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Evan Jones Coal Company
Evan Jones Mine Explosion

Jonesville, Matanuska-Susitna County, Alaska
January 18, 1957
No. Killed - 5

USBM Final Investigation Report  (3.5 Mb)  PDF Format

Rescuers Still Seek One Man; No Hope Held for His Survival
Fairbanks Daily News Miner, Alaska
January 19, 1957

Anchorage, Jan. 19 (AP) -- Rescuers have recovered four bodies from a Jonesville mine where five men had been trapped.  The fifth man has not been found but rescuers hold out no hope for him.

The man still missing is Philip V. Doherty.

None of the bodies have been brought to the surface yet.  Rescuers are continuing their search for Doherty.

Workers said it appeared all the men were killed instantly by the concussion of the explosion yesterday morning.  Officials have revised their theory that the men had set off a blast which caused the explosion.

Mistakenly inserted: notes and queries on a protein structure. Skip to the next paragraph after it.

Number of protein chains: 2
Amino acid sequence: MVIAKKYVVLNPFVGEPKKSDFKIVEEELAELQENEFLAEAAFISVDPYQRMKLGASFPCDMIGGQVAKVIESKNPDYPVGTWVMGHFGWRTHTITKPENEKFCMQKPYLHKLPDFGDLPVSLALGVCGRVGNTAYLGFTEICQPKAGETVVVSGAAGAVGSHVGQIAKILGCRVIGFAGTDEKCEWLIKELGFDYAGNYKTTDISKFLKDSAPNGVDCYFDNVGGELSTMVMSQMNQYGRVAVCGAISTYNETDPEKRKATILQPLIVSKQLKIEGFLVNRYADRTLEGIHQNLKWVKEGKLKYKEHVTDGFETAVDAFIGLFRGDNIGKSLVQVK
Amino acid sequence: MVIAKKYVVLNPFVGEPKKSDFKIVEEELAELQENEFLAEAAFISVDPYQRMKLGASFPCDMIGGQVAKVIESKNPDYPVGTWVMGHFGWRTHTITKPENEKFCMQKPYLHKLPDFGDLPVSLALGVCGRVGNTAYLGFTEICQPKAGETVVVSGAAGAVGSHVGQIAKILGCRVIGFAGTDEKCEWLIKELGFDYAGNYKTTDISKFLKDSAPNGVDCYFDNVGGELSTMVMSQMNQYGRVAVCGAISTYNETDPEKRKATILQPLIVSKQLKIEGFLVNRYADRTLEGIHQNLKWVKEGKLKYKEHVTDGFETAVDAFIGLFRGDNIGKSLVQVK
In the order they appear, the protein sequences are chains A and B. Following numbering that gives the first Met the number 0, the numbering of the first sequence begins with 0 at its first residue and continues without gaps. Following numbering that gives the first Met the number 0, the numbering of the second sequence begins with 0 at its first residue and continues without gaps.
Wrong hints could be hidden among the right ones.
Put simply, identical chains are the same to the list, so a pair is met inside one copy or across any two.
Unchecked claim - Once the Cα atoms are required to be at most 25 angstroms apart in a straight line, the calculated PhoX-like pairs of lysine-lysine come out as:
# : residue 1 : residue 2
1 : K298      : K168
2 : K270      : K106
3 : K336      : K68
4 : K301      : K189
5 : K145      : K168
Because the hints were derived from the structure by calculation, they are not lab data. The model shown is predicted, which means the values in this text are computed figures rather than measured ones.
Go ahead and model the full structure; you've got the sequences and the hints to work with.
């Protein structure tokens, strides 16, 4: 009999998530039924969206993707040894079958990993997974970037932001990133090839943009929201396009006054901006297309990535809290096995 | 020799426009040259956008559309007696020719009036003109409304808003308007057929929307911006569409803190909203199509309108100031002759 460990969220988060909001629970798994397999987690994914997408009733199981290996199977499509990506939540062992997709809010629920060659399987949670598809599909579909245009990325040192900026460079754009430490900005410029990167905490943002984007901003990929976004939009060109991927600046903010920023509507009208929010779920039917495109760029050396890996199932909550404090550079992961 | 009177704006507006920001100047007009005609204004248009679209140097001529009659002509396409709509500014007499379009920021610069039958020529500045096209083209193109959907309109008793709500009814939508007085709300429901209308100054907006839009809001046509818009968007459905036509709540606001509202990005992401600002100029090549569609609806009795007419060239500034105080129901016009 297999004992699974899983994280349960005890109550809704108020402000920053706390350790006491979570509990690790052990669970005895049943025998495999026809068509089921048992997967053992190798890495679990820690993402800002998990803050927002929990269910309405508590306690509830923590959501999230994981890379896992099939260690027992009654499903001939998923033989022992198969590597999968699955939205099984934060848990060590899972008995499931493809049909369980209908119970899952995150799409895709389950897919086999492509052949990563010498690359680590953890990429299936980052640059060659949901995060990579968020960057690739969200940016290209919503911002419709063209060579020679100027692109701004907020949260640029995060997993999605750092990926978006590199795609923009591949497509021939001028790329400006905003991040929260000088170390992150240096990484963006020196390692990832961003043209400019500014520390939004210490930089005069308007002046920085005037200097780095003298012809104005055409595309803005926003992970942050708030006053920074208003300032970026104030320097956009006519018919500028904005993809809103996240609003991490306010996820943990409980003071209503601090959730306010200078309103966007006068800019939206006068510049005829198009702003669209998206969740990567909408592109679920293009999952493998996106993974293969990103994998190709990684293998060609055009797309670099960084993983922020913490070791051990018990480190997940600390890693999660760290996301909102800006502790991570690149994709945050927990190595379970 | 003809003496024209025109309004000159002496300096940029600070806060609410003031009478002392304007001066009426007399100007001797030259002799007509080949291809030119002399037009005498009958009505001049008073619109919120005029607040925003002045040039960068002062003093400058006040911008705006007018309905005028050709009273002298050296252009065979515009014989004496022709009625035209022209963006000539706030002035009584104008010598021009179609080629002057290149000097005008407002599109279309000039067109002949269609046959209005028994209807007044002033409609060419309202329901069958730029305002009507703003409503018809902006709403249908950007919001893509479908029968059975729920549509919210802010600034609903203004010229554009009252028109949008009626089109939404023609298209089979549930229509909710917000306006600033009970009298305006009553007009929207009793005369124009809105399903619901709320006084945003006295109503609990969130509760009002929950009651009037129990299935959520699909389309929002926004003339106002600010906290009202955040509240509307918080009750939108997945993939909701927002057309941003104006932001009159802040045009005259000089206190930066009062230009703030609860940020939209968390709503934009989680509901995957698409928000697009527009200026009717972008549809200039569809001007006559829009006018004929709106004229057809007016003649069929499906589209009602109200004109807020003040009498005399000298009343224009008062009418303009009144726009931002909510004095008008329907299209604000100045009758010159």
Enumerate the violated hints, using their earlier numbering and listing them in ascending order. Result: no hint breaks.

A box of blasting powder and caps were found intact near the center of the blast area.

The dead miners were identified as:
  • John E. Fowler, 35
  • Sam Kwandahl, 56
  • Nick Uzelac
  • Glen V. Vore, 41
The mid-morning blast trapped the miners approximately a thousand feet from the portals of independently operated mine 61 miles northeast of Anchorage.

A sixth member of the crew survived.  Merrit Long had left the main shaft on a routine chore a few moments before the explosion.  Today he helped direct the rescuers toward the place where he left his comrades.

The big blast, believed caused by an explosion of methane gas or coal dust in the tunnel, shook a 35-foot mass of rock, dirt and timber into the shaft 300 feet from the mine entrance.  This was 700 feet above the point where the men were located.

An 80 man rescue crew was directed by Don Hill, manager of the Evan Jones Coal Company, which leases the mine to the independent operators.  Hill had said last night that he felt the chances against the men's survival were "100,000 to one." Rescuers efforts were hampered by narrow working space and ventilation problems.

The disaster is the worst in an Evan Jones property since 14 men were killed in a blast at the Jonesville works in 1937.

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